By Alix J. Jansen

The COVID-19 pandemic is highlighting the cracks in Canada’s social safety net and revealing the various ways that social policies make it difficult for workforce development organizations to help those in need. Career development professionals do their best to help people navigate our changing labour market, but government policies can make it difficult for organizations to connect with people in need and help them retrain and find decent work.

In particular, it is deepening the inequalities that Canadians face when trying to navigate the job market that result from the ongoing link between eligibility for Employment Insurance and access to retraining programs.

People who have been shut out of full-time employment have long had access to sub-par benefits. Approximately 30 and 41% of Ontarians are actually eligible for EI (Bramwell, 2012, 402; Vosko, 2011, 33) and levels appear to be low throughout Canada. To be eligible for EI, a person must have worked sufficient hours in insurable employment and have not worked in at least seven days through no fault of their own – and be available for and actively seeking work (Employment and Social Development Canada, 2018).

Those working in non-standard employment relationships like contract-based work are excluded (though some can opt in and pay coverage premiums). This is particularly important considering given that misclassification of workers as contract workers rather than employees is a known problem.

People must also apply for and have received this support – a process that can be difficult and overwhelming and cause some people not to apply for supports they would be entitled to (Herd and Moynihan 2018).

Eligibility is also unevenly distributed across Ontarians: people aged 15-24, 55 and above, recent immigrants and rural residents are much less likely to be eligible and women are slightly less likely to be eligible than men – especially amongst self-employed workers. This means that Canada’ s welfare system exacerbates the inequalities in Canada’s labour market, where women, people of colour, and younger or older workers face discrimination and lower wages.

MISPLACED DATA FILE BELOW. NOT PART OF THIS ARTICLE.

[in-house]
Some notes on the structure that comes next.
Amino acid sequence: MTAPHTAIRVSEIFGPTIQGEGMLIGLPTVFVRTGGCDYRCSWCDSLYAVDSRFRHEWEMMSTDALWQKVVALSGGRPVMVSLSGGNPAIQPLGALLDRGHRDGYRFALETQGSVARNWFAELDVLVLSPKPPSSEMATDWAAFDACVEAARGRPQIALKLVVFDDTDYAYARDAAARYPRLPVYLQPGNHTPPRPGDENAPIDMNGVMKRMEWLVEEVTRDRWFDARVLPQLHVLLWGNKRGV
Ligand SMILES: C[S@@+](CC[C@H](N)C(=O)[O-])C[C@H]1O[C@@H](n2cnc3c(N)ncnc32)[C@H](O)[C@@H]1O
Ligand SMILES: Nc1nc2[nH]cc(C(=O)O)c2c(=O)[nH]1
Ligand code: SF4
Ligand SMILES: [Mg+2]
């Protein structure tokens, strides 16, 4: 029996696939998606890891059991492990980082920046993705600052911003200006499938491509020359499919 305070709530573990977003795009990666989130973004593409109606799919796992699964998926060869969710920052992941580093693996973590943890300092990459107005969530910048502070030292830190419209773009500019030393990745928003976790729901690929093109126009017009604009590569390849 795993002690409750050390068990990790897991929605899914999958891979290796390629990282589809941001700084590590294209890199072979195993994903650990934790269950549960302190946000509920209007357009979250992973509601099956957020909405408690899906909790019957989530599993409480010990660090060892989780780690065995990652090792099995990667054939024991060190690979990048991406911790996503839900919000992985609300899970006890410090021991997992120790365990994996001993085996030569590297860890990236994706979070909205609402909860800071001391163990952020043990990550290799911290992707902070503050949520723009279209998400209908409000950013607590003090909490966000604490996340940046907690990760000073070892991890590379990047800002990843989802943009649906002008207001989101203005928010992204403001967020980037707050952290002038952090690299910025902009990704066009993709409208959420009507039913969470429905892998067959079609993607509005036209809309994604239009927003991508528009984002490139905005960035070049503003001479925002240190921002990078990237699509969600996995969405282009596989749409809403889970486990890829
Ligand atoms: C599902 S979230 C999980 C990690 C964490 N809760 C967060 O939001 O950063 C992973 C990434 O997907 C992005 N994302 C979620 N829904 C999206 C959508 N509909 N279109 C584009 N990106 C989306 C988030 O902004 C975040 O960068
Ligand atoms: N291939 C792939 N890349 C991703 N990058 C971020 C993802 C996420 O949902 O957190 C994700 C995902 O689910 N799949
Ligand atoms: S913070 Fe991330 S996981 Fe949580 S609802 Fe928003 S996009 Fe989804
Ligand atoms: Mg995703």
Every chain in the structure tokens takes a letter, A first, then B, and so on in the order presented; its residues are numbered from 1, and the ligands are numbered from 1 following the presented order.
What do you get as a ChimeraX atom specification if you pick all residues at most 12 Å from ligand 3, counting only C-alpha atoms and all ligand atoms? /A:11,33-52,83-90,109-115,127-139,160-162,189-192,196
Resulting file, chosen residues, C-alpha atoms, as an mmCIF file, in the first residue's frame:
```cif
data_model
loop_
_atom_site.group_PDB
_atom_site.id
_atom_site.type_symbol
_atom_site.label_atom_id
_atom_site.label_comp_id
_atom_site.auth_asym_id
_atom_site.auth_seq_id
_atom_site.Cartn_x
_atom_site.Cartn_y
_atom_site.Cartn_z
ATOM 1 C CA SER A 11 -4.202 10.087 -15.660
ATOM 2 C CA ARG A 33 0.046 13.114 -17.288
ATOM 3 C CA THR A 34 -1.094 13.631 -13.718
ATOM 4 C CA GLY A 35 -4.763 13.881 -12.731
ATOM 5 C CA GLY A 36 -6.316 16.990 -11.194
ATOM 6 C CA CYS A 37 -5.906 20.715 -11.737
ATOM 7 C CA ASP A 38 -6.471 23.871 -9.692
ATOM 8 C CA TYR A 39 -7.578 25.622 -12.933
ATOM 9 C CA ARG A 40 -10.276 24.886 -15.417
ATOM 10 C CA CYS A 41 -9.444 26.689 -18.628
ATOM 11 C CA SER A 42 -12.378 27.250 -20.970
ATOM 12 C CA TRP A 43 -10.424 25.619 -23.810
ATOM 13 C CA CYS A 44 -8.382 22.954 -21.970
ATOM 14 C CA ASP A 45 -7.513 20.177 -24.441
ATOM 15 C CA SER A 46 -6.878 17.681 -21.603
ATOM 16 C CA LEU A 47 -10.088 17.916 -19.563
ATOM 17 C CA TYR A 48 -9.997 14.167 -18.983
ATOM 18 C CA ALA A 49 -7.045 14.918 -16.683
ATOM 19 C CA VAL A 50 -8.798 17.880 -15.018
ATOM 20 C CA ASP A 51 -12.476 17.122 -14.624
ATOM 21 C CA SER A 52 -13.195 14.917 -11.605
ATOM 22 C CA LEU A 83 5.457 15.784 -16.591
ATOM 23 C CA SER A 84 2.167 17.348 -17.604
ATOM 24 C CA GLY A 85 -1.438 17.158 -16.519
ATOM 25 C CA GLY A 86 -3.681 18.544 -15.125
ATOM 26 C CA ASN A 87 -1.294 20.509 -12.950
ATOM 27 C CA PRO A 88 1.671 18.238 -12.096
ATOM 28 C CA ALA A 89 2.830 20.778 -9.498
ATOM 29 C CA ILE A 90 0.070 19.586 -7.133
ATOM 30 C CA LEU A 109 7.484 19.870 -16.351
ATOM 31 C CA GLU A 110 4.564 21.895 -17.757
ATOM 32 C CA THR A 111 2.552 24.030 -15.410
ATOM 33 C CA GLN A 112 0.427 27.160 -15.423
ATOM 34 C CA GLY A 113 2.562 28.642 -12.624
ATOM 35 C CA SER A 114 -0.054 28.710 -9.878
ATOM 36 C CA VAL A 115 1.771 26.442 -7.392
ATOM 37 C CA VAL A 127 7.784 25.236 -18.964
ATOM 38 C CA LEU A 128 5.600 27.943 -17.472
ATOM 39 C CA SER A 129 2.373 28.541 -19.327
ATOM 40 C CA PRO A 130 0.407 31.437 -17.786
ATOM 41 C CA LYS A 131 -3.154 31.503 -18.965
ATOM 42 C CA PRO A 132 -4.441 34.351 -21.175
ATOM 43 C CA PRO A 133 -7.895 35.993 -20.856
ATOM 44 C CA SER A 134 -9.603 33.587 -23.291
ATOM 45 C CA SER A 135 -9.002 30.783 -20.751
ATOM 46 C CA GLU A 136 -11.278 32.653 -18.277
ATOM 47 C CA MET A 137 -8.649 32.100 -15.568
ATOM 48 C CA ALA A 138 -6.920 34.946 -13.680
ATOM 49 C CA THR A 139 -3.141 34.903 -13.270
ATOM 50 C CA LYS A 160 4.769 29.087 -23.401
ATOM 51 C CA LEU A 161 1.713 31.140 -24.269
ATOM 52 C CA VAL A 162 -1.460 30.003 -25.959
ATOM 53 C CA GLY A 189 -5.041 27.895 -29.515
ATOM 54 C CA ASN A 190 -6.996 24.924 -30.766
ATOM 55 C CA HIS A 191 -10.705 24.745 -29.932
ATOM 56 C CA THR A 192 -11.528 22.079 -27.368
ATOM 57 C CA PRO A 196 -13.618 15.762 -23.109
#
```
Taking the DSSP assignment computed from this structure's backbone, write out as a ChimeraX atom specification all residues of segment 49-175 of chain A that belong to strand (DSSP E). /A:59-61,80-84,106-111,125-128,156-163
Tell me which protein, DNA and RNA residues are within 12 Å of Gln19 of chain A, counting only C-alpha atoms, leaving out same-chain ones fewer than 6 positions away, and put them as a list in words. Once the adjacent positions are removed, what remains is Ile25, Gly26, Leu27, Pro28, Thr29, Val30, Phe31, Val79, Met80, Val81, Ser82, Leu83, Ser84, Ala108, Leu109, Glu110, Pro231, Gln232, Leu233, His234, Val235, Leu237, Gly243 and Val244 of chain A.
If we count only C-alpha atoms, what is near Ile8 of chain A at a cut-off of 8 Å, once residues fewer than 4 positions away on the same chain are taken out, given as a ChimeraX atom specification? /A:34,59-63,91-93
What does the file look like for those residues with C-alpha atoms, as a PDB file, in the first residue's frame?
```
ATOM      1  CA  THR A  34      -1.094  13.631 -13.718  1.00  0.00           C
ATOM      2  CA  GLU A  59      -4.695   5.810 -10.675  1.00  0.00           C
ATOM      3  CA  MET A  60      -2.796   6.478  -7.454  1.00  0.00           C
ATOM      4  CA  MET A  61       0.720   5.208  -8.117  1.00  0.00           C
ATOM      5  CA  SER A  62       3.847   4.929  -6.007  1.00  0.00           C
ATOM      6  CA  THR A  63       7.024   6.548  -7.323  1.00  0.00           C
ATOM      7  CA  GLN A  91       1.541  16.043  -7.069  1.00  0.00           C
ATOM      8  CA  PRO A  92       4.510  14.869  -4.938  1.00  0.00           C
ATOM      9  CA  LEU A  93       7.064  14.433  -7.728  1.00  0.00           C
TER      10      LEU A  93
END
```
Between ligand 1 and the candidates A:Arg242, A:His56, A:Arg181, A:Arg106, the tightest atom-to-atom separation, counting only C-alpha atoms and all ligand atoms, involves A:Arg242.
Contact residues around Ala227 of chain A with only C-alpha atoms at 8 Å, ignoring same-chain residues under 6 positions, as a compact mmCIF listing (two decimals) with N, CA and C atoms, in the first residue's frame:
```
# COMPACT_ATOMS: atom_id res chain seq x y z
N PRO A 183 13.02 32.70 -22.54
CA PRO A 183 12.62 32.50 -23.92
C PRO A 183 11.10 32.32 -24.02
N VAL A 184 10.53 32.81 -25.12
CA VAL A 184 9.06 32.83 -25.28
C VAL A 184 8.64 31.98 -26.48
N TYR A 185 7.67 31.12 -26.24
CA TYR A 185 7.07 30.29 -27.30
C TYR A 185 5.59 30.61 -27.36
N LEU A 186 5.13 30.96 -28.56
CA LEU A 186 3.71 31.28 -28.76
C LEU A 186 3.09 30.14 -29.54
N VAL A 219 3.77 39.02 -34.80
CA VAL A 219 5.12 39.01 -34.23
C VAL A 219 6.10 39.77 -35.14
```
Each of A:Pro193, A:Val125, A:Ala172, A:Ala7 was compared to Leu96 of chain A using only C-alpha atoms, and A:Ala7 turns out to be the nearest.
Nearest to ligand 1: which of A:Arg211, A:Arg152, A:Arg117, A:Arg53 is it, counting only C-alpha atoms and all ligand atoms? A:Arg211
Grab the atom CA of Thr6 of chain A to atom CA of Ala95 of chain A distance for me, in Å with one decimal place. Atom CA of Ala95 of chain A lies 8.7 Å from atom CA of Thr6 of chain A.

Contractors and gig workers are excluded and are only able to access much lower levels of income support provided by provincial and territorial social assistance packages. They are also excluded from being able to claim EI while pursuing higher education. Provincial assistance also comes with a smaller budget for short-term retraining and tends to serve populations who have even greater needs. In some provinces, EI-funded training services funded by Labour Market Development Agreements are made accessible to people who are not eligible for EI, but this should be standard. There is no need for workforce development policies to double down on the divide between those eligible for EI and those who have more patchy labour market histories – especially as the latter group likely has even higher needs to support to find decent work.

The Canada Emergency Response Benefit goes some way toward recognizing the inequality cemented in Canada’ s welfare system. But this payment is not permanent and it does not acknowledge the unequal access to support for retraining that stems from ineligibility for EI.

Canada’s training system needs to be decoupled from work history in order to effectively help Canada respond to the looming unemployment crisis that the COVID-19 Pandemic is causing. The current complex of federal, provincial, and municipal services is overly complex and can create confusion for users and providers (May, Sapotichne, and Workman 2006; Schneider and Ingram 1993; Jansen et al. 2019).

Ideally, all Canadians would be able to retrain in growing areas of the labour market like healthcare and tech while accessing income support, either through tertiary degrees or through shorter, targeted programs that link people with employers closely. Career development organizations do their best to help people struggle to secure work and the financial support they need to get by: it is time for Canada’s government to make their work easier by universalizing supports for people to retrain.

Author Bio

Alix Jansen is a PhD Candidate at the University of Toronto. She studies barriers to retraining for marginalized groups and is interviewing organizations and people seeking training to better understand these barriers. If you would like to be part of her research or have questions, contact her at


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Employment and Social Development Canada. 2018. “Section 1: Applying for Benefits.” Aem. 2018.

Herd, Pamela, and Donald P. Moynihan. 2018. Administrative Burden: Policymaking by Other Means. Russell Sage Foundation.

Jansen, Alix J., Linda A. White, Elizabeth Dhuey, Daniel Foster, and Michal Perlman. 2019. “Training and Skills Development Policy Options for the Changing World of Work.” Canadian Public Policy 45 (4): 460–82.

May, Peter J., Joshua Sapotichne, and Samuel Workman. 2006. “Policy Coherence and Policy Domains.” Policy Studies Journal 34 (3): 381–403.

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Vosko, Leah F. 2011. “The Challenge of Expanding EI Coverage | The Mowat Centre.” Mowat Publication 23. Ontario: Mowat Centre.